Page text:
Other Free Encyclopedias » Brief Biographies » Biographies: Jan Peck Biography - Personal to David Randall (1972–) Biography - Personal » James (Otis) Purdy Biography - James Purdy comments:

James (Otis) Purdy Biography - James Purdy Comments:

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(1972) As I see it, my work is an exploration of the American soul conveyed in a style based on the rhythms and accents of American speech. From the beginning my work has been greeted with a persistent and even passionate hostility on the part of the New York literary establishment which tries to rule America's literary taste—and the world's. My early work was privately printed by friends. Dame Edith Sitwell read these works and persuaded Victor Gollancz to publish the book in England. Without her help I would never have been published in America and never heard of. The mediocrity of the American literary scene, as is evidenced in the New York Times and the creatures of the vast New York establishment, has tried to reduce me to starvation and silence. Yet as a matter of fact I believe my work is the most American of any writer writing today. My subject, as I said, is the exploration of the inside of my characters, or as John Cowper Powys put it, "under the skin." The theme of American culture, American commercial culture, that is, is that man can be adjusted, that loudness and numbers are reality, and that to be "in" is to exist. My work is the furthest from this definition of "reality." All individual thought and feeling have been silenced or "doped" in America today, and to be oneself is tantamount to non-existence. I see no difference between Russia and America; both are hideous failures, both enemies of the soul, both devourers of nature, and undisciplined disciplinarians who wallow in the unnatural. Anything in America is sacred which brings in money, and the consumers can easily be persuaded to move from their old crumbling Puritan ethic to belief in things like sexual stereotyping and coprophilia, provided and only provided these bring in money and notoriety. The one crime is to be oneself, unless it is a "self" approved and created by the commercial forces. Beneath this vast structure of madness, money, and anesthetic prostitution, is my own body of work.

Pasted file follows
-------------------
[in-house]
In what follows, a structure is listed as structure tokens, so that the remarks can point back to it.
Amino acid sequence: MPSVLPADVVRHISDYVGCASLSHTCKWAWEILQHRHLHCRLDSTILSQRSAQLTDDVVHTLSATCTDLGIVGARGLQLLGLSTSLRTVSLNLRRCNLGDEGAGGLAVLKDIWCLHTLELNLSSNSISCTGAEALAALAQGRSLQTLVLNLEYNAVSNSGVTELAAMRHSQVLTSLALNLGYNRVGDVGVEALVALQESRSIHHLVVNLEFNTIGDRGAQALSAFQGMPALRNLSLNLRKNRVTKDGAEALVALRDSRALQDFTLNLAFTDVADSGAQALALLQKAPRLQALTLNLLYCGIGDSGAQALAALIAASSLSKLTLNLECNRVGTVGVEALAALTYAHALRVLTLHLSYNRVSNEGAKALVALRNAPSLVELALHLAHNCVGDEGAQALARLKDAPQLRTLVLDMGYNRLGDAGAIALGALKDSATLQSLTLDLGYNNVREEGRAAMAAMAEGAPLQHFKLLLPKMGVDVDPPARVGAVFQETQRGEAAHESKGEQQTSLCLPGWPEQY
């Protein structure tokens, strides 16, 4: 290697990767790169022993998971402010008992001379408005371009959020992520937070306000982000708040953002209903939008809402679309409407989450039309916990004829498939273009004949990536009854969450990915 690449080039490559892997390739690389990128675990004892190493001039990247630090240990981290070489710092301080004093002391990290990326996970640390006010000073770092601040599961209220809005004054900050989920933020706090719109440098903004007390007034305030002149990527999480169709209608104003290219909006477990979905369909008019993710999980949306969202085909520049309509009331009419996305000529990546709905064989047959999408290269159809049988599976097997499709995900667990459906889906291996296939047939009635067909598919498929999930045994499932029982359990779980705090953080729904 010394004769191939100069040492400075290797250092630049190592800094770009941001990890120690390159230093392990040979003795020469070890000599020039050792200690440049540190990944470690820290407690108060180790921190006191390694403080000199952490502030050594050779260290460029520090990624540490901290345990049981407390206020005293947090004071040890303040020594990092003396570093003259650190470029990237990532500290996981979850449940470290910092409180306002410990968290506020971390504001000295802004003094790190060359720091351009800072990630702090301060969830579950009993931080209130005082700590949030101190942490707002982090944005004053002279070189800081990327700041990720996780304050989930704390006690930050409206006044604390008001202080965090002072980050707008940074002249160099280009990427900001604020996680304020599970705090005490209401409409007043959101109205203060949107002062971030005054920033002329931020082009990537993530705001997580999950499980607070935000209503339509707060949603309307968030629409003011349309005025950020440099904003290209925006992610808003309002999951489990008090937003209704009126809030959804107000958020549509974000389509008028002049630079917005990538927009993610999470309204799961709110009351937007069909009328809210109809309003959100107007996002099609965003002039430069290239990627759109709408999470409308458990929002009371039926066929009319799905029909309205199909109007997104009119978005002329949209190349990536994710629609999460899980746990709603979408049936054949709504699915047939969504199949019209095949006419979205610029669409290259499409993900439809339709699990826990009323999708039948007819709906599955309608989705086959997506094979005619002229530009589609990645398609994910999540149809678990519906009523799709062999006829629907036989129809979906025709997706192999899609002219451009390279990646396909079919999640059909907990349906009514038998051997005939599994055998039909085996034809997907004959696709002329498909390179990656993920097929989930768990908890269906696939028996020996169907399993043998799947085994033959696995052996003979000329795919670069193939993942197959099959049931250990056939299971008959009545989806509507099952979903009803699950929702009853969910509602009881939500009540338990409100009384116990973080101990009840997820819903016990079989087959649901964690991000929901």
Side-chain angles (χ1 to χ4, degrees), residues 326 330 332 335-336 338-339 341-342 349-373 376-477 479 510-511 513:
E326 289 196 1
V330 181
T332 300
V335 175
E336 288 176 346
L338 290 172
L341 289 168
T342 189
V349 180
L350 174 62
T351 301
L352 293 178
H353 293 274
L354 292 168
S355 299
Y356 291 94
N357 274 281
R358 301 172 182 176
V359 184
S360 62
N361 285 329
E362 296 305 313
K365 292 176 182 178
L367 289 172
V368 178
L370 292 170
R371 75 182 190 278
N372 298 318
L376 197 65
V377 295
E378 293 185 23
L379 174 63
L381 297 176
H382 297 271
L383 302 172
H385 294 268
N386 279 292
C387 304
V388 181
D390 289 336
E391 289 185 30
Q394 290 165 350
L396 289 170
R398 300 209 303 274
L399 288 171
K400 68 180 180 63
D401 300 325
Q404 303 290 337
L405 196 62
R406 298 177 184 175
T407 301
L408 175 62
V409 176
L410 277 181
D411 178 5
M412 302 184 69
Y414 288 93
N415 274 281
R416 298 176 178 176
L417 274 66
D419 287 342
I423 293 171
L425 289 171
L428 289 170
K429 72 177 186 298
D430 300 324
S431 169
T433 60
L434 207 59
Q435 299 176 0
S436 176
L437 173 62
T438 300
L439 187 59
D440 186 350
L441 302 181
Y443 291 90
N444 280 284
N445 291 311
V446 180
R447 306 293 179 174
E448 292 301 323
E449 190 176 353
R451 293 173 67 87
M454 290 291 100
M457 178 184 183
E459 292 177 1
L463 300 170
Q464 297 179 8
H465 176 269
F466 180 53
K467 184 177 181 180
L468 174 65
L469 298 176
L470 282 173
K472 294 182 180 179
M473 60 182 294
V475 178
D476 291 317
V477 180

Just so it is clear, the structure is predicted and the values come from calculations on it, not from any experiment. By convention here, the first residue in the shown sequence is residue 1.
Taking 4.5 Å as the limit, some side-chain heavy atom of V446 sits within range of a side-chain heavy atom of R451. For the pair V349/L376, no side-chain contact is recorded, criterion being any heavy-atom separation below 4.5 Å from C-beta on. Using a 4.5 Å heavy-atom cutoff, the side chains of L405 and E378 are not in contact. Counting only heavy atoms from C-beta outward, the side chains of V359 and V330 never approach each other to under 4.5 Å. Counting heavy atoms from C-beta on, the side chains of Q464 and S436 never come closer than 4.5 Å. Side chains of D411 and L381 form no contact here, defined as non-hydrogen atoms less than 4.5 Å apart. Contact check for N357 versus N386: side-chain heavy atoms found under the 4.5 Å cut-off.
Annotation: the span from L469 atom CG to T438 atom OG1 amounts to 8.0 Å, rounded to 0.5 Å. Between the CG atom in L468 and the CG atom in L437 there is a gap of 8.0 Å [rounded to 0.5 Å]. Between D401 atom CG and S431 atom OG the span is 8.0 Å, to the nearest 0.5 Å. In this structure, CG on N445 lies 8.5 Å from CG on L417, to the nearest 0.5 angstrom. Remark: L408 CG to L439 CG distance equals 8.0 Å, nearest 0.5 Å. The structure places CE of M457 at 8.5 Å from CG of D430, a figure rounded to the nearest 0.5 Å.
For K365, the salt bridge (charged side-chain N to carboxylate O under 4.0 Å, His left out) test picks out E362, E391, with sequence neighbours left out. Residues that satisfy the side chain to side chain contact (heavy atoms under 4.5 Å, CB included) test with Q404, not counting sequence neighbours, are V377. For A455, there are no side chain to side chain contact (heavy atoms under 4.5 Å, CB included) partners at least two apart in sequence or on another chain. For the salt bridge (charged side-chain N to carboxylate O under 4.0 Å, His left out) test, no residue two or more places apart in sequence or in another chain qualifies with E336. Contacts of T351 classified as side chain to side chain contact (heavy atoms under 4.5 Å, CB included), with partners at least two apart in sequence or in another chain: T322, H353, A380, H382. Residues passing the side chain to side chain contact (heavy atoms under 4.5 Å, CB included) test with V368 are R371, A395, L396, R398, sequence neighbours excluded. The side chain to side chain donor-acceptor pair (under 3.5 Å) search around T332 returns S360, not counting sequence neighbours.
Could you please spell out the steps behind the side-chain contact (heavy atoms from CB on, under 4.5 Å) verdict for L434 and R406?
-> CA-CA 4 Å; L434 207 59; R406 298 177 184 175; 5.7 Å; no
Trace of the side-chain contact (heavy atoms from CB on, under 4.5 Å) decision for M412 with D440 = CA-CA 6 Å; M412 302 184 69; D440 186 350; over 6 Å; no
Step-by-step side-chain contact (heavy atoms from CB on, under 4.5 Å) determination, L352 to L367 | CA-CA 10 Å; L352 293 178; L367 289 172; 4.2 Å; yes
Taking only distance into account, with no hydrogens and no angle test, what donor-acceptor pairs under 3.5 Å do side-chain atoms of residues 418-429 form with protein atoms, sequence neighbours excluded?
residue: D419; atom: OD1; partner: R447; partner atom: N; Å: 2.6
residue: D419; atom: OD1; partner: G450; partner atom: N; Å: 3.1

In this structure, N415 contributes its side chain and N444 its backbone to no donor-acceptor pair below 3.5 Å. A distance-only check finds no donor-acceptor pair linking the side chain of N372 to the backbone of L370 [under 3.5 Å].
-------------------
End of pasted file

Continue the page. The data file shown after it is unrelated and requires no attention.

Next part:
I prefer not to give a biography since my biography is in my work, and I do not wish to communicate with anybody but individuals, for whom my work was written in the first place. I began writing completely in the dark, and so continue. Were I in a financial position to do so, I would never publish anything commercially, since the literary establishment can promote only lies, and the critics, newspapers, and public, having been fed on poison so long, are incapable of reading anything that is not an advertisement for their own destruction. The most applauded writers in America are those who seem to have been born in a television studio where words are hourly produced from baking tins. In New York City, where American speech is unknown, a writer such as myself is considered a foreigner. Clarity and idiomatic language are considered in fact mad, while the language of dope addicts and coprophiliacs is now standard "American," approved for use by the dowagers who make best-sellers.

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